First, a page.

Virginia Gov. John N. Dalton's administration forecast yesterday that President Reagan's budget cuts will leave the state with a $93.5 million fiscal gap during the next nine months and cautioned that the shortfall may go higher.

Dalton, a strong Reagan supporter, asked the General Assembly for "limited" special authority to juggle funds within the current state budget to try to offset the federal cutbacks. His aides sought, nevertheless, to play down the effect of the congressionally approved reductions.

"The projected impact on Virginia does not appear to be catastrophic and does not appear to be unmanageable by any stretch of the imagination," said Charles J. Davis III, the governor's press secretary. Dalton "supports the president's program. He realizes that there will be belt-tightening necessary," Davis said.

State officials said the estimated $93.5 million deficiency for Virginia's current fiscal year probably could be absorbed without substantial damage to state programs. But senior state administrators expressed concern yesterday about the prospect of additional Reagan-backed federal cuts. Congress authorized major reductions, chiefly in social service programs, in July and may trim federal aid further this fall.

The new estimate of Virginia's financial gap -- the firmest yet provided by state budget analysts -- was presented to legislators at a special one-day General Assembly session in Richmond. The legislators scheduled committee consideration of Dalton's request for later this month and promised to act on it at an Oct. 5. session.

Dalton sought the budget-transfer powers because the federal cutbacks are to take effect Oct. 1 and the legislature will not start its biennial budgetary session until January. Federal aid normally accounts for nearly $1.6 billion of Virginia's $5.9 billion yearly budget.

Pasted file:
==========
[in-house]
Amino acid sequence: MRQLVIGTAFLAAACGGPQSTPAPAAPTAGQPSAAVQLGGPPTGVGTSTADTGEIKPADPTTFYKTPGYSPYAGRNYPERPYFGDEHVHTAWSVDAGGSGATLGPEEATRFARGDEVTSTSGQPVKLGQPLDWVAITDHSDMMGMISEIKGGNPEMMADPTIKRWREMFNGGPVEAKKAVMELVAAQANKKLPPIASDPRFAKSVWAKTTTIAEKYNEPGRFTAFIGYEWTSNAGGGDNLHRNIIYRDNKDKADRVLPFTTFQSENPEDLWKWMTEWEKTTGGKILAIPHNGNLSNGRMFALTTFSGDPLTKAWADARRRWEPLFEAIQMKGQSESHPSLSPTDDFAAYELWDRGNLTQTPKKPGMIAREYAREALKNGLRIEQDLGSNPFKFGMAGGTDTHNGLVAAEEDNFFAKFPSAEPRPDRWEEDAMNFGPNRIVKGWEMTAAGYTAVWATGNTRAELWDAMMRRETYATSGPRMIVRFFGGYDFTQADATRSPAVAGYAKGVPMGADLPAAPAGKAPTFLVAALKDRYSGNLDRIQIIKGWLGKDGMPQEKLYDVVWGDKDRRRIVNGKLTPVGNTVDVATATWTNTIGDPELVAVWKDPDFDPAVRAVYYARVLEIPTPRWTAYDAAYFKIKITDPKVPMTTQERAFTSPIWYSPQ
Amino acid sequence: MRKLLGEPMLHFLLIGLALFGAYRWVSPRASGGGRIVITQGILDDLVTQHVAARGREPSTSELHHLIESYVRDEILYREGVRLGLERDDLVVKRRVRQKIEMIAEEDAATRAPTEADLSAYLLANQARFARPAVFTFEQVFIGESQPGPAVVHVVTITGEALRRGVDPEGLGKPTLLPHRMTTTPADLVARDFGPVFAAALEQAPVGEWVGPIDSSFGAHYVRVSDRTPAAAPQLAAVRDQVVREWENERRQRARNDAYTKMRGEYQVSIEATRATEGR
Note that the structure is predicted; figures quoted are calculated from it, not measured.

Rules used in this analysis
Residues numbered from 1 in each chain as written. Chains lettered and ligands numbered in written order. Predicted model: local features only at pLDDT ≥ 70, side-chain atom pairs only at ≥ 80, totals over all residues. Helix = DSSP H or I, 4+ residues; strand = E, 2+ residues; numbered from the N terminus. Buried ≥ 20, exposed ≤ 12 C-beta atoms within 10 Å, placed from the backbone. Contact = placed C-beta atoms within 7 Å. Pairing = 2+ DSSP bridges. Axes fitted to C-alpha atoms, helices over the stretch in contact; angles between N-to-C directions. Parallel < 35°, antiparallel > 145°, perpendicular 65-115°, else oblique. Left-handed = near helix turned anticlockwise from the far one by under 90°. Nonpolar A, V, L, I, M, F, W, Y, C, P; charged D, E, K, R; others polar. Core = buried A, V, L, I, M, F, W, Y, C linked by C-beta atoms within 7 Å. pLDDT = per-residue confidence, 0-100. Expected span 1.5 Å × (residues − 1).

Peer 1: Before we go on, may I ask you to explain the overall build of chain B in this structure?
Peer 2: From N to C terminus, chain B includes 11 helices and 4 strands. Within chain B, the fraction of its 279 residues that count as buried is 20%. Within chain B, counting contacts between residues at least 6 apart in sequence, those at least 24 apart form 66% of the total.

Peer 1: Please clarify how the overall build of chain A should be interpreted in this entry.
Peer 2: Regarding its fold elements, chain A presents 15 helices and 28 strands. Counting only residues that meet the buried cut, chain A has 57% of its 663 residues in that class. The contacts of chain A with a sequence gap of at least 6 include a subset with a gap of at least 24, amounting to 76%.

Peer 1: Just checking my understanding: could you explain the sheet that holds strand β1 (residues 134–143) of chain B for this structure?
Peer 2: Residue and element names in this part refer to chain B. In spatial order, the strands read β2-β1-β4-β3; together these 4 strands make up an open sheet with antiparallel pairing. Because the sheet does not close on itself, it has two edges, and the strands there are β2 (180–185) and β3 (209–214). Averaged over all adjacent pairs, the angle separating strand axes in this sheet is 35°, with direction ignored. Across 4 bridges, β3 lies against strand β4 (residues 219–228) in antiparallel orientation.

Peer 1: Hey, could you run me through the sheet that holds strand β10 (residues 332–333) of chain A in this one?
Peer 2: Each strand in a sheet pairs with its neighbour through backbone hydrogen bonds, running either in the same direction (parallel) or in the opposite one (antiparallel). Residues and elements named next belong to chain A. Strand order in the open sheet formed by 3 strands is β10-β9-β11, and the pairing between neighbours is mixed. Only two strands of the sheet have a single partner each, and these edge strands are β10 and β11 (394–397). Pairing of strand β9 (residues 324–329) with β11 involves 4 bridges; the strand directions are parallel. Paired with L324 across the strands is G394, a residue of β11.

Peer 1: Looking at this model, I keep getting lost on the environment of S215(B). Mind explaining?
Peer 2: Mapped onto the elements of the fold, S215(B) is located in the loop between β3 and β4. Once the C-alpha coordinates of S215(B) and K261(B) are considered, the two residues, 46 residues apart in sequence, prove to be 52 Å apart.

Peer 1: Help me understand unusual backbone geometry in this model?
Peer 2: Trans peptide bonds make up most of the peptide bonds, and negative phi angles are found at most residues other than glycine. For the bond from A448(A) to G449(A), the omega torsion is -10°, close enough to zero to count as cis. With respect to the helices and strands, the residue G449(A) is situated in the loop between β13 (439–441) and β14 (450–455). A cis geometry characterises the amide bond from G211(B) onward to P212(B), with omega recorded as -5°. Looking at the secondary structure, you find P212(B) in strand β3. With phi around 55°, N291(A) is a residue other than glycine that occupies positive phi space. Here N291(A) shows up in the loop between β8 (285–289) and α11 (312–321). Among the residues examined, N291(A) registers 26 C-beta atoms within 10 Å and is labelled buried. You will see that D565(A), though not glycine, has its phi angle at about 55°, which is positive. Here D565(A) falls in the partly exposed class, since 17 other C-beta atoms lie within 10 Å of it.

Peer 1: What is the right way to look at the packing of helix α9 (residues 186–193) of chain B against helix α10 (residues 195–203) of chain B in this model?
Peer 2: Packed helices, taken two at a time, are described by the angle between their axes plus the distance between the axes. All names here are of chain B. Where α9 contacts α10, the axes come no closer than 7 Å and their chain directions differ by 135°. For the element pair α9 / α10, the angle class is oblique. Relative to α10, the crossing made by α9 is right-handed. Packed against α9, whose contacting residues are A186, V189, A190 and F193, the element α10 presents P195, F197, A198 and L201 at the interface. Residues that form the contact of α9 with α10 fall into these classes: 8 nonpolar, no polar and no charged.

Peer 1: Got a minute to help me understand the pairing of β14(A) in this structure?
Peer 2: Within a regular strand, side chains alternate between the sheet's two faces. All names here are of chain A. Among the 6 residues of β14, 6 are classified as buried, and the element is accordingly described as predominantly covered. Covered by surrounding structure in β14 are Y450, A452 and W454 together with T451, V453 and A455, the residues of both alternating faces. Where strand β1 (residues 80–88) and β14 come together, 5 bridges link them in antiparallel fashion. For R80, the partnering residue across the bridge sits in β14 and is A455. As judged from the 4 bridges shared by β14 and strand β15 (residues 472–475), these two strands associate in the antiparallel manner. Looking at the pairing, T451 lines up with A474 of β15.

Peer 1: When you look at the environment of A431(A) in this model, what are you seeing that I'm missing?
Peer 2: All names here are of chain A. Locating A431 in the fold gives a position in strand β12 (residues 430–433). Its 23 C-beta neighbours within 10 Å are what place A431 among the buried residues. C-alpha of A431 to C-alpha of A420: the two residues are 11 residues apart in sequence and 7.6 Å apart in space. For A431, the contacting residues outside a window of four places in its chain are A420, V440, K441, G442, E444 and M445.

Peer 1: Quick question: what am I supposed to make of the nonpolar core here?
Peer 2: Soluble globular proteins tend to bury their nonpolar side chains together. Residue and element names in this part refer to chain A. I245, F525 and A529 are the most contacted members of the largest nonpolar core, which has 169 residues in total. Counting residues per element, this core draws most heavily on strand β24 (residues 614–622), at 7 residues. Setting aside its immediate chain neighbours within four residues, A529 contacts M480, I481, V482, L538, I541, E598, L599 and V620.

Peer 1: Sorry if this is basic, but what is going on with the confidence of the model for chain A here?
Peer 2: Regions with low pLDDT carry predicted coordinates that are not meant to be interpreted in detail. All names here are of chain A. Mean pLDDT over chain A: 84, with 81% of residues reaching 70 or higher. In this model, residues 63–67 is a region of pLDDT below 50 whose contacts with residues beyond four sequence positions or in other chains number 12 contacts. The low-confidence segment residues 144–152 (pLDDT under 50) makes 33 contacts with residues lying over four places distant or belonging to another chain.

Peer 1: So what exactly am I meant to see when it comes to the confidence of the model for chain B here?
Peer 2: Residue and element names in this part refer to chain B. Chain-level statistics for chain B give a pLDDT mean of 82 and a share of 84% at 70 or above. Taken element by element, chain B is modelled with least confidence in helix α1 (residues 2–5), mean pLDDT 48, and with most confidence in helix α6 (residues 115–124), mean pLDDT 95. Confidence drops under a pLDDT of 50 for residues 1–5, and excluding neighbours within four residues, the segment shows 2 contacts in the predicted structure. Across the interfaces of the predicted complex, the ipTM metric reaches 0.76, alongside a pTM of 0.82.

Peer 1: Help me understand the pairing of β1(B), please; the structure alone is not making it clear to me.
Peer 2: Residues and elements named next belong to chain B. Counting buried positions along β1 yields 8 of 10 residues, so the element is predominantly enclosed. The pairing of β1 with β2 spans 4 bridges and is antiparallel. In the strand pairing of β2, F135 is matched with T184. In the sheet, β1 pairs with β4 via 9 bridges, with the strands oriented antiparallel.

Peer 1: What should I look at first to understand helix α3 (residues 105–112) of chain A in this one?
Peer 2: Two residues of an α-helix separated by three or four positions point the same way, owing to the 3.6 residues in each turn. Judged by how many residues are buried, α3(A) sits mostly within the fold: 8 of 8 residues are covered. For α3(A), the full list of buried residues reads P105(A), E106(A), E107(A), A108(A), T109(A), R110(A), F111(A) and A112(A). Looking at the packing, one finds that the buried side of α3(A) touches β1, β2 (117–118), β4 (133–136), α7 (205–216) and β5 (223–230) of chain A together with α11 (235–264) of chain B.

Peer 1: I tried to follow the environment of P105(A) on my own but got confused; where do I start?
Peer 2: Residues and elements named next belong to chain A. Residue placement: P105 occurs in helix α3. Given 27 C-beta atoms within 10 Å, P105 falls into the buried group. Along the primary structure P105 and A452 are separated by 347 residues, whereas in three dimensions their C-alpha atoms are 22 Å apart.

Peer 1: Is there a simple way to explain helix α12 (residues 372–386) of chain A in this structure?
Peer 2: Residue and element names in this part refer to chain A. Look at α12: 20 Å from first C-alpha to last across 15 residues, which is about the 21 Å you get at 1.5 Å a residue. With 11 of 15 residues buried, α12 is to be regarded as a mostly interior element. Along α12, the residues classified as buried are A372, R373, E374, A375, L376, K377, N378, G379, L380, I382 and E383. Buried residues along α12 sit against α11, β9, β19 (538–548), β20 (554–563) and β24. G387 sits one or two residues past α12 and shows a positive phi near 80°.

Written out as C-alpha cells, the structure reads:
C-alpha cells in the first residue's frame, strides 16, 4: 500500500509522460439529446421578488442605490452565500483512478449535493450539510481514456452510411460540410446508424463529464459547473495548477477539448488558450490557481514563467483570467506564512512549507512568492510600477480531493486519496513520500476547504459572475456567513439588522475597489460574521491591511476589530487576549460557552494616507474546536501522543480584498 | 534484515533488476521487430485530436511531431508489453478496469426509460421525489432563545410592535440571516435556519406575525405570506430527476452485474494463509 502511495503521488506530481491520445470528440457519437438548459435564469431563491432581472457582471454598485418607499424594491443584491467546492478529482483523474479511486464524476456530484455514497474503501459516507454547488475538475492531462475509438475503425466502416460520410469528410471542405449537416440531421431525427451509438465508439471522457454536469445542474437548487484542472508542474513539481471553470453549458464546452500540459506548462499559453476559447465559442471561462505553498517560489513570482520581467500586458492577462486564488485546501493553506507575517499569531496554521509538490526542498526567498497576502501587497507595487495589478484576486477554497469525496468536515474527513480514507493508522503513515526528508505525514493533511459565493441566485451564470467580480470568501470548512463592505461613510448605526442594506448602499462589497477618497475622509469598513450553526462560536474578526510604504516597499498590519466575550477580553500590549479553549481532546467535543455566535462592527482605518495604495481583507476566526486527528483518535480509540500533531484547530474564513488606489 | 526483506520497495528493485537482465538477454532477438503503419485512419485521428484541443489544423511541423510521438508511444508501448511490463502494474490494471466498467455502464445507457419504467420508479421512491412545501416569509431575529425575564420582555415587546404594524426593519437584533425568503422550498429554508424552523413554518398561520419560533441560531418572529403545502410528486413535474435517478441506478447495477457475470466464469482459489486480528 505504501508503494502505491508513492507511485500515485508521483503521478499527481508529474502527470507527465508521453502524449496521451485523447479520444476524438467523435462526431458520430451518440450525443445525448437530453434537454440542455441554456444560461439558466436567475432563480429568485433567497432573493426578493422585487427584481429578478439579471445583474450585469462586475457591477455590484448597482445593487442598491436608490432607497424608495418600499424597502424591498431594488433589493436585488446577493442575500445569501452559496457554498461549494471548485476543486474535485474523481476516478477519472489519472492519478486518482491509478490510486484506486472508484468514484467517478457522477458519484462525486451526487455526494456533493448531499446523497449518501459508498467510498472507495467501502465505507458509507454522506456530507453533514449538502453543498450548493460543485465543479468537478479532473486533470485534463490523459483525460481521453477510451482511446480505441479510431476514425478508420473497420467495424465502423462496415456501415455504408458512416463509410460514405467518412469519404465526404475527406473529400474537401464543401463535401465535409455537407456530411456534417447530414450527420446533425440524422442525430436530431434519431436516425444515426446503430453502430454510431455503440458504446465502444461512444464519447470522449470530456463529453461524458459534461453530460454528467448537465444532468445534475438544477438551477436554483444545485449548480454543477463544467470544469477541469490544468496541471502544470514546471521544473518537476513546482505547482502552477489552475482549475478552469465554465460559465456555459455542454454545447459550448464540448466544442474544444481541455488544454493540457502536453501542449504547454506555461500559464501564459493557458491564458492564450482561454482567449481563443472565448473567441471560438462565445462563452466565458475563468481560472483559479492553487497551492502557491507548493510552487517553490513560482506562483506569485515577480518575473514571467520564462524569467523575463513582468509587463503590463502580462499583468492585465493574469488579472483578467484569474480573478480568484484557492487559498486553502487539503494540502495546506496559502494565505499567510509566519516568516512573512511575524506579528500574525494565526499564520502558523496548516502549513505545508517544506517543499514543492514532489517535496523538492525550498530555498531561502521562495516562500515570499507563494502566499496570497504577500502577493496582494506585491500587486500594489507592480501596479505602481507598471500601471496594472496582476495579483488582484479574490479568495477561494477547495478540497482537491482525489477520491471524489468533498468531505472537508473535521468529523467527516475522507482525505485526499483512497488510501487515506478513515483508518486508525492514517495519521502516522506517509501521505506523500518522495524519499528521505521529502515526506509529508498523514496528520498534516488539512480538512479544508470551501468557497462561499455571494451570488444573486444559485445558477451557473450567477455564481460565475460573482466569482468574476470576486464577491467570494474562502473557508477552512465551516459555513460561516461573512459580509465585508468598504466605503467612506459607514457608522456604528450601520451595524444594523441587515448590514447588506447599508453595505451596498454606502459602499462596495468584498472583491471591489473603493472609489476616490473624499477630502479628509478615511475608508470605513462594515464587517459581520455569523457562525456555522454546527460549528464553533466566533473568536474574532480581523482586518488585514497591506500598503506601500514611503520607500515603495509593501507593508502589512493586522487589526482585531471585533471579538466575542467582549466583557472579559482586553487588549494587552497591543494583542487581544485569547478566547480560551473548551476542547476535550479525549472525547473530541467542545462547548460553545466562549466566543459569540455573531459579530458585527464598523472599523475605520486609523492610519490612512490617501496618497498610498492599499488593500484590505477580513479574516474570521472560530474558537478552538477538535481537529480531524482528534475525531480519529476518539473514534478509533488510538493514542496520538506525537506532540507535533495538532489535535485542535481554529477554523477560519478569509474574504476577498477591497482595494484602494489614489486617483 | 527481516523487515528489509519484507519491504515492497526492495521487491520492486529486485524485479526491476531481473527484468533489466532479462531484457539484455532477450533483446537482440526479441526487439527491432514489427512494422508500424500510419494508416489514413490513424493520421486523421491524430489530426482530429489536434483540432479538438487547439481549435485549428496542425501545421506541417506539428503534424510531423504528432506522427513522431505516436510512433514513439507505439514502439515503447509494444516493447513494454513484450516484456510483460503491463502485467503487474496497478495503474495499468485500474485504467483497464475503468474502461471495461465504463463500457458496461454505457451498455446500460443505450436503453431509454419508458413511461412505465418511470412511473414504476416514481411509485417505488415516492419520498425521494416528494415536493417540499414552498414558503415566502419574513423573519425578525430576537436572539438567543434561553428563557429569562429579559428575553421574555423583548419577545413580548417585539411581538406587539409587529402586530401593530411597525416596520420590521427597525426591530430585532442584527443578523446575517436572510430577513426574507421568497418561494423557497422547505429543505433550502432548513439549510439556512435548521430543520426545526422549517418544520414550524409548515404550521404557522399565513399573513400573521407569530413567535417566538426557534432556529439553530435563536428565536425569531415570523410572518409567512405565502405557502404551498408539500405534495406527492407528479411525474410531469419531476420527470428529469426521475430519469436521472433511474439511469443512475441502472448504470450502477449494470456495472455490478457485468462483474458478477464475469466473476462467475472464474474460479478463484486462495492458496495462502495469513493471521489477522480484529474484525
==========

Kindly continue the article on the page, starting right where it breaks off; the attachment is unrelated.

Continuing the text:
Aides to the gubernatorial candidates, Republican J. Marshall Coleman and Democrat Charles S. Robb, rivals in November's elections, responded guardedly to the newly announced fiscal estimates. Although the Dalton administration is currently drawing up a proposed budget for the coming fiscal year, Dalton's successor in January will inherit the main task of coping with Reagan cuts.

"It's a bit premature to comment on how we're going to deal with it," said Coleman's press secretary, David Blee, expressing support for Dalton's approach. "We think we can make ends meet without a tax increase."

Robb's spokesman, George Stoddart, said the Robb camp was "not going to be specific" about where the state budget should be trimmed. But he noted that the new estimates were in line with previous forecasts and reiterated Robb's opposition to tax increases and his view that education programs should be regarded as a "sacred cow."

According to state officials, a key factor in Virginia's capacity to absorb federal cutbacks is an $81 million surplus run up by the state government during the state's last fiscal year, which ended June 30. Officials said this may be used, at least in part, to offset the anticipated shortfall of federal funds.

Ray Sorrell, acting director of the state Department of Planning and Budget, said the principal cuts in federal aid to Virginia would affect social service programs.

Among these, he said, would be a $9.8 million shortfall in Medicaid, which provides health care for the poor; an $11.2 million deficiency in welfare programs, such as food stamps and aid to families with dependent children, and a $32.5 million reduction in Comprehensive Employment and Training Act (CETA) programs. The Reagan-backed budget cuts eliminated CETA's public service jobs projects altogether.

The estimated deficiency is based on a comparison of the amount of federal money Virginia now expects to receive and the amount the state would spend on federally assisted programs if they continued as they are currently operating.